1999 Ford Expedition Expert Review:New Car Test Drive
New Car Test Drive
Minor improvements throughout make it better.
If mousetraps were 17 feet long, one might characterize the Expedition as Ford's better mousetrap. Since its introduction three years ago, Ford's biggest sport-utility vehicle has been a resounding sales success. The assembly plant in Wayne, Michigan, has been running full steam to meet the demand for the Expedition and its luxurious near-twin, the Lincoln Navigator.
Why is the Expedition so successful? The reasons may go beyond the current enthusiasm for large sport-utilities. The Expedition is selling like hot cakes at least partly because it does everything it was designed to do and it does it well. Its good looks certainly don't hurt, either.
With demand running high, Ford has wisely made only evolutionary changes for 1999. Both engines get more power -- without hurting EPA fuel economy ratings. The Expedition has been certified for 1999 as a low-emissions vehicle, or LEV, in states that have adopted California's tougher emissions regulations.
A new front fascia, grille and bumper system with fog lamps incorporated into the lower valence give the Expedition a fresh look. And the base model comes with more standard equipment; even though the base price has gone up, this move actually lowers many out-the-door prices.
The stylists at Ford took a sensible approach when they set out to shape the Expedition. They already had two winners to their credit -- the F-150 pickup and the Explorer. So they borrowed the best elements from each to create another success. From nose to windshield, the Expedition shares sheet metal with the F-150. From the front doors back, the Expedition has the contours of an Explorer. No panels interchange between Expedition and Explorer, but the resemblance is unmistakable.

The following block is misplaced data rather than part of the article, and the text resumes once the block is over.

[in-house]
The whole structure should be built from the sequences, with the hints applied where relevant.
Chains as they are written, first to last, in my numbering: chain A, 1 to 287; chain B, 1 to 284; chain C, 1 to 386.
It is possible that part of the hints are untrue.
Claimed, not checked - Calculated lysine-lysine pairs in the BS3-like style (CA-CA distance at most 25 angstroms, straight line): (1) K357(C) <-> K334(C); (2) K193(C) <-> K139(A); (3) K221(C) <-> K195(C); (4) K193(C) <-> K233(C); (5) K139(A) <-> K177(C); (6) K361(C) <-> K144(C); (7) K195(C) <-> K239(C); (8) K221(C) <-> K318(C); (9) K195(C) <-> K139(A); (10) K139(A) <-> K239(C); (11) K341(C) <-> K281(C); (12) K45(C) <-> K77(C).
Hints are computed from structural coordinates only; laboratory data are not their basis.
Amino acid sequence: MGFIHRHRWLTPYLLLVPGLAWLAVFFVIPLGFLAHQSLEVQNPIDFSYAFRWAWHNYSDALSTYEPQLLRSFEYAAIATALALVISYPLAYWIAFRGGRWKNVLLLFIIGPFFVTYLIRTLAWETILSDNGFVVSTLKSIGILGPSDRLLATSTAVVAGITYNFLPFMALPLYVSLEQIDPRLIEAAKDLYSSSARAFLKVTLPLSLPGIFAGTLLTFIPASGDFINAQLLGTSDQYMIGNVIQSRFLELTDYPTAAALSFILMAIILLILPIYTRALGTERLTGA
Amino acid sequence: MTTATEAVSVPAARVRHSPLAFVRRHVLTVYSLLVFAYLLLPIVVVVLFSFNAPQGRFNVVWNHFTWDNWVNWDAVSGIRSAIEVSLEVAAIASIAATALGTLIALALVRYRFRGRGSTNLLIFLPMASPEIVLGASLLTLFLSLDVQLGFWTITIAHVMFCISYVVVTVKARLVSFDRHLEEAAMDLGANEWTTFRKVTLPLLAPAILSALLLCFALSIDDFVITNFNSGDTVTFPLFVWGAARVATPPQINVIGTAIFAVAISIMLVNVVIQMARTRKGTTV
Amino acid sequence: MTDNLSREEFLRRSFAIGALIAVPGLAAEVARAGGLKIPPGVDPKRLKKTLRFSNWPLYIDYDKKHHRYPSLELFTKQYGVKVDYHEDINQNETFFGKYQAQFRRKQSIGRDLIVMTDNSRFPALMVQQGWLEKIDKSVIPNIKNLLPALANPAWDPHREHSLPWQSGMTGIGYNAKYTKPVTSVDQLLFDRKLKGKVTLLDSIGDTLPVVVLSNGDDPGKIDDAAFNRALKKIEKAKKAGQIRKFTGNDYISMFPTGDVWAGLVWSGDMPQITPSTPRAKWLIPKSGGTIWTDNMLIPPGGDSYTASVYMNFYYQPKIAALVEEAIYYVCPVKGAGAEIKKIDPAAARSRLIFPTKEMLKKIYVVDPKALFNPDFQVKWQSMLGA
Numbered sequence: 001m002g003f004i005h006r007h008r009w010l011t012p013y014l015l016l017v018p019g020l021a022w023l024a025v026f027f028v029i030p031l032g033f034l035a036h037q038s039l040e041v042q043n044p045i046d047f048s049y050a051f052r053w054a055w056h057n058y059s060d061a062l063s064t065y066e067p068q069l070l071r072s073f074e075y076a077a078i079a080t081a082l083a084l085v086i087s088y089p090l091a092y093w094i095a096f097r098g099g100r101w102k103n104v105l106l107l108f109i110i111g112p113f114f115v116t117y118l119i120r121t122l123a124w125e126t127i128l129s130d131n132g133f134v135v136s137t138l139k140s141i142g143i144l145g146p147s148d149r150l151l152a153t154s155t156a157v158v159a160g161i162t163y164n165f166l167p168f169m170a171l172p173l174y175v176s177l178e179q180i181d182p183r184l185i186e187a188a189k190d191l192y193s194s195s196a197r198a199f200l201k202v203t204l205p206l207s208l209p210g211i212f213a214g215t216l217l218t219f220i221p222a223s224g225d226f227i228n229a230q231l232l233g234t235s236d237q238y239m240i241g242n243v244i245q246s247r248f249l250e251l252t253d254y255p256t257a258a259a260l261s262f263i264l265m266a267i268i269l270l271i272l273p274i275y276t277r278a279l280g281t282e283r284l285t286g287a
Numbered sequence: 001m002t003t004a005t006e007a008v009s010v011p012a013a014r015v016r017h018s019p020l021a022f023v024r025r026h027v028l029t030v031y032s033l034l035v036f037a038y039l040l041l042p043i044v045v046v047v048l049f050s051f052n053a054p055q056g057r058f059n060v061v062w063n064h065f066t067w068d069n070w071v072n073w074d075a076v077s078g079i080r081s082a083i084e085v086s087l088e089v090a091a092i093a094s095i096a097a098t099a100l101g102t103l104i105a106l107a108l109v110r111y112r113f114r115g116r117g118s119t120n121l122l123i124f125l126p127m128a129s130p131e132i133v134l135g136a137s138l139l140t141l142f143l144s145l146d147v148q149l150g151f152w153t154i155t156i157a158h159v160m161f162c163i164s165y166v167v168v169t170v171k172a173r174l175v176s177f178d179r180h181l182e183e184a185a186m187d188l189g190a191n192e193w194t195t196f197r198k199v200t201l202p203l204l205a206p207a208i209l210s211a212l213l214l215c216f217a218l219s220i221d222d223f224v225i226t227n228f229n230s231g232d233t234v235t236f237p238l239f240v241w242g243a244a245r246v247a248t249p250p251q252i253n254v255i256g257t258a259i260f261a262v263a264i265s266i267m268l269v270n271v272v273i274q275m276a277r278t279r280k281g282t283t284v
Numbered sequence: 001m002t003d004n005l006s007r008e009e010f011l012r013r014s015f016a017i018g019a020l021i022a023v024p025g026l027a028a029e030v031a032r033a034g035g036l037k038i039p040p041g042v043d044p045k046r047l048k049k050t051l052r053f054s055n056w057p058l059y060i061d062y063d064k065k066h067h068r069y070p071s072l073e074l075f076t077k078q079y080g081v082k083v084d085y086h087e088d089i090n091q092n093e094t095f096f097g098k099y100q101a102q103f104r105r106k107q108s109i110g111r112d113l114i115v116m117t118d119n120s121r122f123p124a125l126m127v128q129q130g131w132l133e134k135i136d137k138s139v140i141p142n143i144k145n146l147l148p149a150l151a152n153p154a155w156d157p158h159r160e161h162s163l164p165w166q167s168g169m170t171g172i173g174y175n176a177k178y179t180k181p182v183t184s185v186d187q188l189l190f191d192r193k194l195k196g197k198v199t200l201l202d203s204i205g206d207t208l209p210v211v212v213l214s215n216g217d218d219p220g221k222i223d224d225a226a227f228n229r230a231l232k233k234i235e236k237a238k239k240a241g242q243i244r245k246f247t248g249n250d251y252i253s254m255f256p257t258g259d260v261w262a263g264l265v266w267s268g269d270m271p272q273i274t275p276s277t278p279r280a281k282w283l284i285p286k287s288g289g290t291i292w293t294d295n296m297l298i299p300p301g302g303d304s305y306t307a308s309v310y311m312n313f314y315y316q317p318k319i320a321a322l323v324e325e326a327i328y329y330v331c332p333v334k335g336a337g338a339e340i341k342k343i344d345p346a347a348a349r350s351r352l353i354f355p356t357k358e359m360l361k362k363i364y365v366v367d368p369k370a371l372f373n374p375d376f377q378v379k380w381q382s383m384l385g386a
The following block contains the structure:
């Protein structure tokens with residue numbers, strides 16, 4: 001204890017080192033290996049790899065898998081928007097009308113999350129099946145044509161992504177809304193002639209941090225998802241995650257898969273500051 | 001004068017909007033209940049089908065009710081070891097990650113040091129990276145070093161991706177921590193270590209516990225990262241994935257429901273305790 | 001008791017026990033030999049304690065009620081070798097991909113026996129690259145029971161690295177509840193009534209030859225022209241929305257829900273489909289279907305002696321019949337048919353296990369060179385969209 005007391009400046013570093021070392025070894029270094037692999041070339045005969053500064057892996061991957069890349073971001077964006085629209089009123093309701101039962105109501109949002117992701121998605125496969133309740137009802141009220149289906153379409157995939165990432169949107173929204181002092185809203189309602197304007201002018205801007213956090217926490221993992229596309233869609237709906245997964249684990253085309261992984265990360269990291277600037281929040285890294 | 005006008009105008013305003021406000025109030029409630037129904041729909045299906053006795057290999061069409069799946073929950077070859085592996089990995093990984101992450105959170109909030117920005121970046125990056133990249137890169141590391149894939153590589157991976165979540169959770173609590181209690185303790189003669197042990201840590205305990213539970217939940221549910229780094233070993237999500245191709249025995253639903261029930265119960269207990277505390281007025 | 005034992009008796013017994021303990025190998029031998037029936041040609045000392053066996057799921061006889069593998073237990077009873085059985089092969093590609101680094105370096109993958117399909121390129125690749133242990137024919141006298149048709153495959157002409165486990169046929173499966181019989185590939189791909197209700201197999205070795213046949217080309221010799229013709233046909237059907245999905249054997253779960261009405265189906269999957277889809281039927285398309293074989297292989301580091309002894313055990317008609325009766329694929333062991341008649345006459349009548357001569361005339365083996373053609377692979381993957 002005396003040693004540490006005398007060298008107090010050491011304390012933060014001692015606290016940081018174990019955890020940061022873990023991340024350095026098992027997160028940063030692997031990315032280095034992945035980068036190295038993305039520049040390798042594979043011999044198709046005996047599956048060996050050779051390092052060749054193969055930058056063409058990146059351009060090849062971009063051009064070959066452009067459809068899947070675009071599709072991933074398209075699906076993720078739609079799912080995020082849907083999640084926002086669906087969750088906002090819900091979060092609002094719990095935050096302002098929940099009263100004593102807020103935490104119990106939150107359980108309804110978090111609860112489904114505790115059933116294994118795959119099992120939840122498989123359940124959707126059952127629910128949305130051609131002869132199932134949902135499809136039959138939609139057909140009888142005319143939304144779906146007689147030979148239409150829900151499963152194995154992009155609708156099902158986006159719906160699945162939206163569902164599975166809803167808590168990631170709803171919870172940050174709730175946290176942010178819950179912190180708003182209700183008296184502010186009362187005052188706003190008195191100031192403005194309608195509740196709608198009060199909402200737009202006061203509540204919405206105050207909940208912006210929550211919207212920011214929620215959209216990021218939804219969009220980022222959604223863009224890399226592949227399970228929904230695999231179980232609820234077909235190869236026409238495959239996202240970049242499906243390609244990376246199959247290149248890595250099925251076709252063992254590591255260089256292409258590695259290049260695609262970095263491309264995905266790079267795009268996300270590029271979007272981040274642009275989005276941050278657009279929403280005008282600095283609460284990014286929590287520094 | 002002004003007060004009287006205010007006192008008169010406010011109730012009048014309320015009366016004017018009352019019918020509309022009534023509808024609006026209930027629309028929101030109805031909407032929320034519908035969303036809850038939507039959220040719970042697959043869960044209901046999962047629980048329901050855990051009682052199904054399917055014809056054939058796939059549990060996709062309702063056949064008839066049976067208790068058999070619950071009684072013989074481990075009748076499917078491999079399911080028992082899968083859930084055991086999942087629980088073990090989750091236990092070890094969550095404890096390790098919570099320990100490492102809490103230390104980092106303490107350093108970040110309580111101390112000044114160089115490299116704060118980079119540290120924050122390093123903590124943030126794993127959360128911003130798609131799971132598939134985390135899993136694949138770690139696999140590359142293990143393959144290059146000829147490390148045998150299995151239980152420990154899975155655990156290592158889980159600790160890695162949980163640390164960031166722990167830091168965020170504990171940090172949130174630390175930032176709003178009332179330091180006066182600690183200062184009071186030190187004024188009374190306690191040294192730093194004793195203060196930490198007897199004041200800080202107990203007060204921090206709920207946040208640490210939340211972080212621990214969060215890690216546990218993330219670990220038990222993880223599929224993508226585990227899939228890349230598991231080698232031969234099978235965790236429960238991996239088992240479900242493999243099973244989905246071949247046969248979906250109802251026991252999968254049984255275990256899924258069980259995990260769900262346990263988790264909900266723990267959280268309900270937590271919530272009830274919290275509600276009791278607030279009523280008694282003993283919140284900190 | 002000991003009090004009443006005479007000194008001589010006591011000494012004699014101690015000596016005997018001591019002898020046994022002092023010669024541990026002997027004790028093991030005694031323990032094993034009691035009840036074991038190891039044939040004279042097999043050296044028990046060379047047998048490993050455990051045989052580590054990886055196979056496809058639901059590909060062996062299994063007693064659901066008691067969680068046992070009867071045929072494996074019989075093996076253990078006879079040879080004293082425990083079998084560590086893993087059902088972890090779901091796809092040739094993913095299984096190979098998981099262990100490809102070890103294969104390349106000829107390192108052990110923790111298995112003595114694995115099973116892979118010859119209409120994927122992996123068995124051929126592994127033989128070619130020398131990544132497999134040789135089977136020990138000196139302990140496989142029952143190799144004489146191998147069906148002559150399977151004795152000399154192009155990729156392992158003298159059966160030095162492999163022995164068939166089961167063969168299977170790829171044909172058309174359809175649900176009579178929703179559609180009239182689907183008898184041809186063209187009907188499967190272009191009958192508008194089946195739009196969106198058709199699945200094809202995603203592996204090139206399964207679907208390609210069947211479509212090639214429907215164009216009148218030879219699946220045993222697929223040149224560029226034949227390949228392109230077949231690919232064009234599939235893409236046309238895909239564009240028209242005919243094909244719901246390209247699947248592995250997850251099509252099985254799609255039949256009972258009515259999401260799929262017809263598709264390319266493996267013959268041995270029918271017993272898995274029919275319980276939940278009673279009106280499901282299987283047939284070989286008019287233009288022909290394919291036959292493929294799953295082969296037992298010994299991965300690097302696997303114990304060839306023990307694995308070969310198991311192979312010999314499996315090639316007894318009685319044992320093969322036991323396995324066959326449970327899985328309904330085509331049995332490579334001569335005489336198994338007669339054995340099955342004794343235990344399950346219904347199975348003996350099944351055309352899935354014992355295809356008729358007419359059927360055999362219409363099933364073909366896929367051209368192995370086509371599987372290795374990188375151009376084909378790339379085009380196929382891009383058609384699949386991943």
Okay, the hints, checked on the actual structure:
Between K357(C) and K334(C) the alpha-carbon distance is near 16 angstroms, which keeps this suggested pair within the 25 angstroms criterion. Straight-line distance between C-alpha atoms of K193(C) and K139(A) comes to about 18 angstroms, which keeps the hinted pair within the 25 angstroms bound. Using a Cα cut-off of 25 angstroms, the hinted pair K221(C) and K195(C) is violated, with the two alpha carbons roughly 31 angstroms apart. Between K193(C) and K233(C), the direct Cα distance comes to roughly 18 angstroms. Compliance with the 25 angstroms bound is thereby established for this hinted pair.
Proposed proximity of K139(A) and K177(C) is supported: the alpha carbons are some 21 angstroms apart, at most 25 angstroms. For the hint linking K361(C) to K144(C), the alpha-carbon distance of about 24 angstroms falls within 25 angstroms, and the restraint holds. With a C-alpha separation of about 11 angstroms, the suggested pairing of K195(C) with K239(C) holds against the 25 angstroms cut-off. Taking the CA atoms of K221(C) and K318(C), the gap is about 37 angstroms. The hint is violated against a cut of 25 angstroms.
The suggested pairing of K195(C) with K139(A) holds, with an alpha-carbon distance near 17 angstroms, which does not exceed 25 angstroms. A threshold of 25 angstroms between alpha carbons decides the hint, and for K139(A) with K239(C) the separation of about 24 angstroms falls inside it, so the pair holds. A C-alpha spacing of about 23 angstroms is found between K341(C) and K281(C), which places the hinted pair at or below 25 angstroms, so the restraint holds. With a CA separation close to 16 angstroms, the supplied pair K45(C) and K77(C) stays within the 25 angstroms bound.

This combination of ingredients works well. The Expedition is handsome, with a sloping hoodline and rounded front end that reflect attention to aerodynamics. It's a design that pays off with improved fuel efficiency and reduced wind noise. As a matter of necessity, the sides and back are shaped more for utility than style. Clever use of trim and rounded corners provides some visual definition, however.
Stretching more than 17 feet from nose to tail, the Expedition is certainly no compact. There's no way to disguise that. GM's Suburban is even longer, adding a foot-and-a-half to the total. Ford touts the Expedition's shorter length as a benefit when trying to fit into a garage. An Expedition will fit into some garages that are too small for a Suburban -- ours, for example -- but check yours to be sure as garage sizes vary.
Two trim levels, XLT and Eddie Bauer, make up the Expedition model range. With little demand for plain, entry-level vehicles in this class, Ford equips the XLT well and the Eddie Bauer even better. Visual differences between XLT and Eddie Bauer are confined to paint and trim, and equipment level distinctions between the two can be blurred by checking off items from a long list of optional equipment.
The Expedition derives much of its chassis and mechanical hardware from Ford's F-150 pickup and all Expeditions are available with two-wheel drive or four-wheel drive.
The Expedition's generous outside dimensions provide for a large, commodious interior. Two seating configurations are available. Ordered with optional front bucket seats and a center bench, the Expedition can comfortably haul five passengers. Ordered with the standard front full-width seat and center bench makes room for six passengers. Well-padded chairs provide comfortable seating.
The optional third-row bench provides seating for two more passengers -- three if they are small. Getting in and out of the third seat requires some agility, though, so it helps if they are small and young. Our XLT came with attractive color-keyed door- and dash panels, power windows, mirrors and door locks, air conditioning, a tilt steering wheel and a good audio system. First- and second-row occupants get separate heating, ventilation and air conditioning controls; a third set of controls for the third seat is optional.